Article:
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Silver dreams turn green

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Miss India Earth 2010, Nicole Faria, who wanted to be in Bollywood, is now quickly brushing up on environmental issues before she kickstarts the next leg of her journey, discover LISSA CHAZOT and SUCHITA MUNDHRA

Nicole Faria wasn't even considering modelling. Bollywood was what she wanted. But what she is, instead getting to do, is represent India in the Miss Earth 2010 Pageant.

Although young Bangalorean Nicole's training will start later this summer, she believes in getting a head start and has started reading up environmental issues that rock the country. Later this year, she will head to Vietnam for the grand finale. The Miss Earth Pageant boasts of bringing together “beauties for a cause”, to promote local and international environmental projects.

This 20-year-old is like a lodestar to aspiring models of the city, who are waiting and watching to see whether she will clinch the title or not. How does it help to be a Bangalorean? “You feel young and lively when you are here and with the number of young people in the city, the vibe gets passed on to you,” she said. “Besides, the incredible greenery and the pleasant weather make it the best place to grow up in,” she quickly adds.

Having started her modelling career at the age of 15, after being discovered by Prasad Bidappa, she continued her studies parallel to her modelling career, which gathered no moss. Higher secondary at Sophia High School and PU at Christ College, she did her Bachelors in Arts from Mount Carmel College.

For someone who wanted to be a Bollywood actor, nothing less, modelling was not even considered an option. Stage fright made her tizzy and she took up her first assignment to face her fear, only to discover the adrenaline rush that walking down the ramp could offer. “All I could see was cameras flashing at me. I felt like a glamour diva,” she recalls.

With more modelling assignments rolling in, her father warned her about discontinuing studies. So modelling and studying went hand in hand. During vacations she would take up assignments and has so far featured on the cover page of Femina Girl, Confetti and Platform. She has walked the ramp for Manish Malhotra, Rohit Bal and others. Colombo Fashion Week was her first leap into the international fashion world, Lakme India Fashion Week following shortly after. But juggling studies and work, how did she prepare for the Miss India Earth pageant and how different will it be this time? “Well, for one, I'll have to read up a lot on environmental issues and keep abreast of current issues and pressing problems. Besides that, regular visits to the gym is on the cards before I set off for more rigorous training later this summer…,” she trailed off.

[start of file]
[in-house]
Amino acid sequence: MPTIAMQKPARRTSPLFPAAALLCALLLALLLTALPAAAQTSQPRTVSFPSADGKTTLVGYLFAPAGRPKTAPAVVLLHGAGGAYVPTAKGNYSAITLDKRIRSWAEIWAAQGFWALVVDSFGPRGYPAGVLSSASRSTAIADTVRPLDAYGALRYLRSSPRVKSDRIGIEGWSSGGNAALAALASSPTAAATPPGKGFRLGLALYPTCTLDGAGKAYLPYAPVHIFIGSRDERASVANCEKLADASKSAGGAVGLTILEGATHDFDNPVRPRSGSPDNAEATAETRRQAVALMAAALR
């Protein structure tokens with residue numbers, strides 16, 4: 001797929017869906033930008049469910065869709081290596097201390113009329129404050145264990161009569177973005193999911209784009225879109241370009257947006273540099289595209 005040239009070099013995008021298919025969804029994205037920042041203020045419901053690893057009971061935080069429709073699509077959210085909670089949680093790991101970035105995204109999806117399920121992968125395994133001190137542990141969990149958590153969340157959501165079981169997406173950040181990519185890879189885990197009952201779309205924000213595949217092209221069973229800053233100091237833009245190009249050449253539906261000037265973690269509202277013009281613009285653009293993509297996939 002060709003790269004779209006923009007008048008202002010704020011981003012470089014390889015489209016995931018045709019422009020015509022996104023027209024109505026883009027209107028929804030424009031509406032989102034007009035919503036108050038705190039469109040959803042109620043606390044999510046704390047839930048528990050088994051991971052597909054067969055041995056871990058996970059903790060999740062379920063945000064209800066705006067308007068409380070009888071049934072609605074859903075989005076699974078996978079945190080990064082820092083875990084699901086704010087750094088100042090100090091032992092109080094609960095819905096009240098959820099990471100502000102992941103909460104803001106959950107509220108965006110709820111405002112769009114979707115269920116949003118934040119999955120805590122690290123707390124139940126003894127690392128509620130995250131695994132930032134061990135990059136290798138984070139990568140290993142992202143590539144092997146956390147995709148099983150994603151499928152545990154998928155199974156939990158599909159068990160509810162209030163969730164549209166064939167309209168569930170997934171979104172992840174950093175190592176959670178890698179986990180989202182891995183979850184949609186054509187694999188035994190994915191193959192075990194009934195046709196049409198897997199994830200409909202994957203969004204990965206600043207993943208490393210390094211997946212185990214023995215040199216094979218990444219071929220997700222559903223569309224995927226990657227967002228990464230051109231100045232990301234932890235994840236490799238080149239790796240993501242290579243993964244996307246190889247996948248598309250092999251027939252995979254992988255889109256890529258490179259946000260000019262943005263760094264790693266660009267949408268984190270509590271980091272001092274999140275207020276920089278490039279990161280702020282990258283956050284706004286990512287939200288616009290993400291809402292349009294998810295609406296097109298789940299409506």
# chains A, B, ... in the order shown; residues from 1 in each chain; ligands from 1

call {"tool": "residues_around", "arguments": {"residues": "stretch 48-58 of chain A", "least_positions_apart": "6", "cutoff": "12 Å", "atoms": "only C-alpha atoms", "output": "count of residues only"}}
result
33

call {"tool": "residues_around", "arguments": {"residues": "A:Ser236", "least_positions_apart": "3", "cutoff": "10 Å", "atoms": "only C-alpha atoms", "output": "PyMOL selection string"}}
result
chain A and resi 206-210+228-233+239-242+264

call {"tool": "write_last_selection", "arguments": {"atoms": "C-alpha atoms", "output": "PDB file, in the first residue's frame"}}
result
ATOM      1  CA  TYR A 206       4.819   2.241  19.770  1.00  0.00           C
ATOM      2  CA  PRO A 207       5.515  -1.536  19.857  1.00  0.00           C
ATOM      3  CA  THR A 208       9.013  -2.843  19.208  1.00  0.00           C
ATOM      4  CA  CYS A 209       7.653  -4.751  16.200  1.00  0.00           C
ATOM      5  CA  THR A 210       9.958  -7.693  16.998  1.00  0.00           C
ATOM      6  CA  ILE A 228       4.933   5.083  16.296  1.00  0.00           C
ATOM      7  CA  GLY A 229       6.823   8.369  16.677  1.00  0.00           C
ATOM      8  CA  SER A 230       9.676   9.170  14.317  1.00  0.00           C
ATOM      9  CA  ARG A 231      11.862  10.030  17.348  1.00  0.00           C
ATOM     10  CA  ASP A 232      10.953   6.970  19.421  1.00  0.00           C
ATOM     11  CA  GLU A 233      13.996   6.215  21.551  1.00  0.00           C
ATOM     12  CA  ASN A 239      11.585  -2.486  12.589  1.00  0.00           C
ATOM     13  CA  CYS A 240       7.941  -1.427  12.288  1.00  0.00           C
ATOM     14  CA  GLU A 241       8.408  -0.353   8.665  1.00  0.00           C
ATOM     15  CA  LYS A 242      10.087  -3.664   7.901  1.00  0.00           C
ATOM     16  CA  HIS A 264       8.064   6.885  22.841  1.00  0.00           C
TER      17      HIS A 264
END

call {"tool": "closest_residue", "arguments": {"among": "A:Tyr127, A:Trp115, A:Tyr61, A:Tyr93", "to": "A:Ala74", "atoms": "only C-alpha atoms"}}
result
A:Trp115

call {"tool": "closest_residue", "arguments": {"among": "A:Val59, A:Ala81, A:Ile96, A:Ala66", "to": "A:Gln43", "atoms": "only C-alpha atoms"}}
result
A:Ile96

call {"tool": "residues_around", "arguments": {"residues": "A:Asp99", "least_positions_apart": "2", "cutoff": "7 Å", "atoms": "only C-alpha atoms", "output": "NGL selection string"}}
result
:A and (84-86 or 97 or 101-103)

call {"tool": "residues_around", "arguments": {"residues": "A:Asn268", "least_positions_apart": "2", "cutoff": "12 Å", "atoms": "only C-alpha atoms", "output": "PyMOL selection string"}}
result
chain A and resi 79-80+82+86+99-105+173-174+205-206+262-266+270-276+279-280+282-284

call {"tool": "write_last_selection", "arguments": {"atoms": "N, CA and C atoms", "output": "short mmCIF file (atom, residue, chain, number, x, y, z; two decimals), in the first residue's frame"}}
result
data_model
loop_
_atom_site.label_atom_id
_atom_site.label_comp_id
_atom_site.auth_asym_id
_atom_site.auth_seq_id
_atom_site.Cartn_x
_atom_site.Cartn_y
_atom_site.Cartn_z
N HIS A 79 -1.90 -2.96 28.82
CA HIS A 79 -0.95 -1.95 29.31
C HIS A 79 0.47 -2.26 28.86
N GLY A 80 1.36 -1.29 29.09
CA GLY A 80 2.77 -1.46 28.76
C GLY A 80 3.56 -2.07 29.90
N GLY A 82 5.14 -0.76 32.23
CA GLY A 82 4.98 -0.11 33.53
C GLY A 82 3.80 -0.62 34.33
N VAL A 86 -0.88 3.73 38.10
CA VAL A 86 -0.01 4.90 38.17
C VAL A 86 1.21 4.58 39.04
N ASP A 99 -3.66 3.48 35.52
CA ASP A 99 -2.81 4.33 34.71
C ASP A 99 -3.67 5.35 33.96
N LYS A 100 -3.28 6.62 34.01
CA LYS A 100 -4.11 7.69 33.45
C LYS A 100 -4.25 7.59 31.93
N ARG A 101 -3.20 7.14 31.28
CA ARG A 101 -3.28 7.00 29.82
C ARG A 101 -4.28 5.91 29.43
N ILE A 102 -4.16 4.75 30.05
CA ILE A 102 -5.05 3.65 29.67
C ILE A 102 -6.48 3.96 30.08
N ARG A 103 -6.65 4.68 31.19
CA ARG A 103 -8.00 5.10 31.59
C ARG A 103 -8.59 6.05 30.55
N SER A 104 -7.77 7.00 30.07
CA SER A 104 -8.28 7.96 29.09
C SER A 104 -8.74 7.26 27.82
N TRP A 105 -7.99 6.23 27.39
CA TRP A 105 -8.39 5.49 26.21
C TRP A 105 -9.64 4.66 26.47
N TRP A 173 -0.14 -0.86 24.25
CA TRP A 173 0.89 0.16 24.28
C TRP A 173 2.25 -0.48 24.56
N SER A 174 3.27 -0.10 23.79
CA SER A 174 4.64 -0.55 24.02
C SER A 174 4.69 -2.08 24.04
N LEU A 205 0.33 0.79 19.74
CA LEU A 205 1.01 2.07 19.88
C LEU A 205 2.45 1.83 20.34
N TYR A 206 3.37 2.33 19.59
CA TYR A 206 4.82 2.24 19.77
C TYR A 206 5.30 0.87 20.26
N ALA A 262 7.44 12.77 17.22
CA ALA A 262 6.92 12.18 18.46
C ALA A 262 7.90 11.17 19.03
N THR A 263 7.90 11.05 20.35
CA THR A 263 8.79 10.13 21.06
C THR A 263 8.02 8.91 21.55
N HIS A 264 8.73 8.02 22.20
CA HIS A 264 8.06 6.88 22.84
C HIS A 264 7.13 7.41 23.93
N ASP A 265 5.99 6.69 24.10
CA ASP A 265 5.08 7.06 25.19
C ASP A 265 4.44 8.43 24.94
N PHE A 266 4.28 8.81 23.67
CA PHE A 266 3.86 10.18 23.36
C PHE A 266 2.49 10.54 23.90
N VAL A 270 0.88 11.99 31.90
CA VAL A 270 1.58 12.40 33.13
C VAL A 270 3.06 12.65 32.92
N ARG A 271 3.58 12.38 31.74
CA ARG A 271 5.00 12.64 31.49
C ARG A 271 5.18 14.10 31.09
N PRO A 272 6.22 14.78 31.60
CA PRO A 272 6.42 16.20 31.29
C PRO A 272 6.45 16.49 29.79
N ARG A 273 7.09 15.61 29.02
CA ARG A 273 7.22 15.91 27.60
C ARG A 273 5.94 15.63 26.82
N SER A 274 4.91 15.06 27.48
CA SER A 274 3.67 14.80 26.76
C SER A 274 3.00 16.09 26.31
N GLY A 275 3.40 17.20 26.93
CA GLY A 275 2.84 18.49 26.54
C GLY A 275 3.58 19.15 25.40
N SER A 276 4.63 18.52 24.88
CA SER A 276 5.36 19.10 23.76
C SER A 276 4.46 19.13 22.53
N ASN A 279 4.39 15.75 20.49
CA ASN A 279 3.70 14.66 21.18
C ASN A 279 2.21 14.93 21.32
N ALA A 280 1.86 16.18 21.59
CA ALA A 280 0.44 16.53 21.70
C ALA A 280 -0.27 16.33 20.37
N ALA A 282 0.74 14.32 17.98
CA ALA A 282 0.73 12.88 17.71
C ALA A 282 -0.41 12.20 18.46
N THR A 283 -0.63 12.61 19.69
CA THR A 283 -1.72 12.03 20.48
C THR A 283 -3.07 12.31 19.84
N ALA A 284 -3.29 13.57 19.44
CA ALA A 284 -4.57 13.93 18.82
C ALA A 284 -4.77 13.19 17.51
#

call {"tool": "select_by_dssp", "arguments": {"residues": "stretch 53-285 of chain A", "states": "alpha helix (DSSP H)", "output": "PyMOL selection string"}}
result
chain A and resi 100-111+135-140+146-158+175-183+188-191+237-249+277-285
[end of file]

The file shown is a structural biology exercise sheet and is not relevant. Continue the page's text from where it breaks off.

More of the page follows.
The training for Miss India Earth was challenging. Phones were confiscated, grinding schedules were imposed in which gym hours, spa treatments, ramp walking, training and grooming were squeezed in. They were fed bland porridge, carrot roti and brown rice,supplemented with dry fruits, protein shakes and lots of water. “I was fantasising about food and the trainers would get a kick teasing me about it. I would think about my favourite baked cheese cake from F & B La Patisserie, steak, burgers, sizzlers…,” she says, almost nostalgically. “But it was a fair bargain as the rigorous training metamorphosed my personality for the better. My face was glowing and I lost weight.” The strict diet, without an extra ounce of fat, was the most difficult part of the training for Nicole, who's a total foodie. The training was hence a battle of mind over matter.

But doesn't the intensive training that precedes the pageant mar the individuality of the contestants and mechanically churn out thin, tall ‘beautiful' women, who reinforce the existing paradigm in beauty? Nicole begs to differ: “The grooming takes you to a different level but it doesn't bring everyone to the same level. It sets you apart from everyone else.” But the question still lingers. .

The leggy beauty, Nicole Faria in her air conditioned plush living room spoke about environmental issues that bog Bangalore: “Climate change in Bangalore is most blatant and worrying, it's just been so hot since five years.” Yet, Bangalore still remains a green city albeit the rapid urbanisation, she infers.Nicole then rattled off the predictable patter of : “Do not use plastic bags, stop littering, don't waste water, switch off lights and A/C when not in use… use electric cars,” before quipping that she always travels by car… to avoid getting eve-teased. As an afterthought she added that women need to stand up for themselves and their rights as we live in a male-dominated world.

Being a runway model, sometimes one is vulnerable hence “it is imperative to stand up for your rights and have the right attitude. I learnt kickboxing and am lucky. I have never been taken for a ride, as my parents were always around and I was also backed by an agency.” What lessons does she draw from the years she has spent in the industry? “It is essential to be yourself, as glamour is transient. Overconfidence kills. Period. Also, one should learn to make quick decisions rather than wait and make no decision at all”.

LISSA CHAZOT AND SUCHITA MUNDHRA

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